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  • Wishing They Were There:Old Postcards and Library History
  • Bernadette A. Lear (bio)

This past winter my husband and I finally finished renovating our home. While we were fixing up our place, so many aspects of our life—intellectual, recreational, and social—were put aside. Then one day I wrestled out another dusty carton that had been relegated to the back of a closet.

There it is! My postcard collection!

As every researcher knows, putting something aside for a while and then returning to it with fresh eyes can reveal new possibilities. Years ago, when I was aggressively building the collection, it was simply a hobby. I worked in a public library, so it was fun to collect postcards that showed other libraries. Now that I have shifted to an academic job and research is an important aspect of my work, I see my postcards in a different light. It is clear that postcards can be helpful sources for library historians, keeping in mind the medium's inherent limitations. At the same time, the postcard fad of the early twentieth century serves as a sobering reminder that documentation of library history as well as practitioners' understanding of that history often have been leftto chance.

Postcards as Artifacts of American History and Culture

Although they are just beginning to be treated seriously by scholars, postcards are artifacts of several national phenomena, including changes in printing technology, postal regulations, forms of communication, popular culture, and travel. As historians Frank Staff, Dorothy Ryan, and others have explained, postcards were not "invented" but evolved over time.1 During the late nineteenth century, advances in photography, papermaking, typography, and printing lowered the cost of producing handsome illustrations. The results of this progress can be found in today's antique stores and flea markets in the form of local signage, [End Page 77] advertisements, yearbooks, maps, calendars, product packaging, trading cards, postcards, and other paper ephemera.2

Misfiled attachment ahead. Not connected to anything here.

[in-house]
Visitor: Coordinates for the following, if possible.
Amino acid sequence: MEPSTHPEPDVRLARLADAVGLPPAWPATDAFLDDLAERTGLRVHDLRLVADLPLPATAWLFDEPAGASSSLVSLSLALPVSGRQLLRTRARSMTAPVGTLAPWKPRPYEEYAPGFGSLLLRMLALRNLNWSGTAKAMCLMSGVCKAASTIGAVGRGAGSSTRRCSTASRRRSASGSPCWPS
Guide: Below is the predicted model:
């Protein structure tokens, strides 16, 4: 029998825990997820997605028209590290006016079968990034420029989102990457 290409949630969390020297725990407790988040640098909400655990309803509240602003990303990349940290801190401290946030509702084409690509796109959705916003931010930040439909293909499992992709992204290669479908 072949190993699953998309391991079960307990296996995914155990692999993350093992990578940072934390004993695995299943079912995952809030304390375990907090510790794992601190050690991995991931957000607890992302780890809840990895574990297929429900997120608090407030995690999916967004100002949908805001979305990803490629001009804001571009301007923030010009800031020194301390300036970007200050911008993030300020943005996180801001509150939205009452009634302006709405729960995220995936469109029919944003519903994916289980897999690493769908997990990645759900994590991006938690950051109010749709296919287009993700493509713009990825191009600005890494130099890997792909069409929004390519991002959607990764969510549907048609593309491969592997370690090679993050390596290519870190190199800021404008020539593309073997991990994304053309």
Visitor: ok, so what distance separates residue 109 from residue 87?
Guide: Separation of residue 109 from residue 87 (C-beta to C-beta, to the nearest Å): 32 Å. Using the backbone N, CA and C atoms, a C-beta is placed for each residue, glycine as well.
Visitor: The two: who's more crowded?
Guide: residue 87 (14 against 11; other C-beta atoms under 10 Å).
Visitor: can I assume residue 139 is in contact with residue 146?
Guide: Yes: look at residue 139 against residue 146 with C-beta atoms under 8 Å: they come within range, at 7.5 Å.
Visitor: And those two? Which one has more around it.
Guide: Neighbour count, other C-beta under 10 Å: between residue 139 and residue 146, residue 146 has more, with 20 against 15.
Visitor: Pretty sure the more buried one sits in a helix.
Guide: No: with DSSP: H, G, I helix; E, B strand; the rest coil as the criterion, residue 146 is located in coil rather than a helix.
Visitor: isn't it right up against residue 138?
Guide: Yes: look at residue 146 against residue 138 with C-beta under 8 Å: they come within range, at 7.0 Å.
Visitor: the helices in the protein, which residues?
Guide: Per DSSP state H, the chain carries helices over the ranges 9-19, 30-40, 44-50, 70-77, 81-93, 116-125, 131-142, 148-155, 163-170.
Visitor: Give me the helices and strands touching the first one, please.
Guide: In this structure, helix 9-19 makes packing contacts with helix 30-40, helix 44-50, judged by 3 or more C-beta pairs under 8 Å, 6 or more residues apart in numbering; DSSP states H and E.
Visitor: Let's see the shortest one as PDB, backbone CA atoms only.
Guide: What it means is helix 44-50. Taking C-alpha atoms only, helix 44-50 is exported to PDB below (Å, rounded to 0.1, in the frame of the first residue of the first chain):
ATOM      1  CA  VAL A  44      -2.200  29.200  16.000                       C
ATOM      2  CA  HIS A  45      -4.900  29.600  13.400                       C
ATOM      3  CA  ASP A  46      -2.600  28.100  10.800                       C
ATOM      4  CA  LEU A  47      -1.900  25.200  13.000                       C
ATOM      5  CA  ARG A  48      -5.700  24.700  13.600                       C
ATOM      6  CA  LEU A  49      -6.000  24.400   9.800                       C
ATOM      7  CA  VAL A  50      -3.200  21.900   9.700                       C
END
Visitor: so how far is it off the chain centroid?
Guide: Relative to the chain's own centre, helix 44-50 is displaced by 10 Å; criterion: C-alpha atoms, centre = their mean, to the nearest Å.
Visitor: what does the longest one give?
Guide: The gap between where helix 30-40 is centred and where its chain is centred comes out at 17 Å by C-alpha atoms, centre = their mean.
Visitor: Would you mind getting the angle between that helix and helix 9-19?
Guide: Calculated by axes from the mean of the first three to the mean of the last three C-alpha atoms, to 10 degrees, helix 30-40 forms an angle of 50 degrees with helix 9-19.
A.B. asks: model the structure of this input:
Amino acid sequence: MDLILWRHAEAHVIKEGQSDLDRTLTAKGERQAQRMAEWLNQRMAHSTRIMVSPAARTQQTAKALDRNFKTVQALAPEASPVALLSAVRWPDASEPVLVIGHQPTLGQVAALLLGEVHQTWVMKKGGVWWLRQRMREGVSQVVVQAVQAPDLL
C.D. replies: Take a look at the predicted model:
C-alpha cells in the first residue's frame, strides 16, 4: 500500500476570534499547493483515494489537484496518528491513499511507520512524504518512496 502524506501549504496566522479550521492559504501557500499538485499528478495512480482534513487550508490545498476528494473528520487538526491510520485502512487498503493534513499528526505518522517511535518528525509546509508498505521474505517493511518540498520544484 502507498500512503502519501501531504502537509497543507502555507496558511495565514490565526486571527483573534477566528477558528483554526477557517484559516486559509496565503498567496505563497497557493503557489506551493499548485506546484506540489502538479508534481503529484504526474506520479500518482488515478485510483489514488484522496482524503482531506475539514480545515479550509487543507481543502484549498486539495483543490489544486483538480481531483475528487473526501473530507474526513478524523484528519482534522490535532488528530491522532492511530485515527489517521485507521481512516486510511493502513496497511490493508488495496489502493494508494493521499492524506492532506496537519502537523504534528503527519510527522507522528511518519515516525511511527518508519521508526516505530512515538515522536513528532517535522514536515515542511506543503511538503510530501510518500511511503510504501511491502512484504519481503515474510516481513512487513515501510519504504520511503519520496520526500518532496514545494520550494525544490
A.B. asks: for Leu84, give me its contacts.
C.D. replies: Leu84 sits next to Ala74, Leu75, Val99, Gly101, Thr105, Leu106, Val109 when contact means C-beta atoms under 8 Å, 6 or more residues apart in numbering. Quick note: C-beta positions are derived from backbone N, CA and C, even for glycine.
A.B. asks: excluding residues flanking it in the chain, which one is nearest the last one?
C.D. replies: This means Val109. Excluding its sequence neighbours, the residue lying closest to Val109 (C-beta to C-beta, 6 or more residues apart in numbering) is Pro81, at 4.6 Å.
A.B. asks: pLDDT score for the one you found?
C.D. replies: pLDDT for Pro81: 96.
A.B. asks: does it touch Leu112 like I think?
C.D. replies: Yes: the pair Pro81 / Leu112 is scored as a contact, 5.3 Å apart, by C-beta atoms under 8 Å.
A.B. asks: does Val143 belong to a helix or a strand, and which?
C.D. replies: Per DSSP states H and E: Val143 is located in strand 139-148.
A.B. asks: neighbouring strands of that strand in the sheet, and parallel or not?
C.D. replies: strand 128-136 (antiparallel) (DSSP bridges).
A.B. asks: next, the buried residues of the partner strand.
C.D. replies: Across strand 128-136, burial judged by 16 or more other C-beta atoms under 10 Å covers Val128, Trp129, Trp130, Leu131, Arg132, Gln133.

At the 1876 Philadelphia Centennial Exposition, fairgoers could purchase a set of picture cards, each card showing a different scene of the Expo. These cards were intended as souvenirs, not to be mailed (they were completely blank on one side). At the 1893 World's Columbian Exposition, publishers added address lines to the reverse of the cards. As Dorothy Ryan explains, the beautifully illustrated postal cards "proved that postcards could be worth collecting in and for themselves" or sent as a convenient, satisfactory memento to family and friends at home. In the 1890s several "pioneers" began to produce picture postcards to be sold to tourists at popular resorts.3

Although postcards had been used for government and business correspondence as far back as the 1860s, postal regulations did not encourage the public to buy and send such items as novelties. Throughout most of the late nineteenth century, privately printed cards required a two-cent stamp, thus costing as much to mail as a first-class letter (or double the cost of mailing a plain, government-issued card). This changed in May 1898, when Congress passed an act that gave privately printed cards the same postal privileges as government cards—a one-cent stamp. The new law encouraged companies to test the waters, and the Albertype Company of New York, the American Souvenir Card Company, Arthur Livingston, E. C. Kropp, the Rost Printing and Publishing Company, and the Universal Postal Card Company all began producing postal "views" at this time. To meet customers' expectations for finely illustrated and colorful, yet inexpensive, cards, American publishers and wholesalers often partnered with German printers. For a few pennies one could buy and send gorgeous, beautifully printed images of Yellowstone National Park's geysers, Atlantic City's beaches, or New York's Broadway.4

From about 1905 to the beginning of World War I, collecting postcards was a national obsession. According to Ryan (quoting figures from the U.S. Post Office), Americans mailed more than six hundred million postcards in the 1907–8 fiscal year. Within a few years they were sending nearly a billion cards annually. Millions more cards likely were never mailed but were filed in personal collections or traded with the buyers' friends. To build their collections hobbyists haunted stores that...


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pp. 77-100
Launched on MUSE
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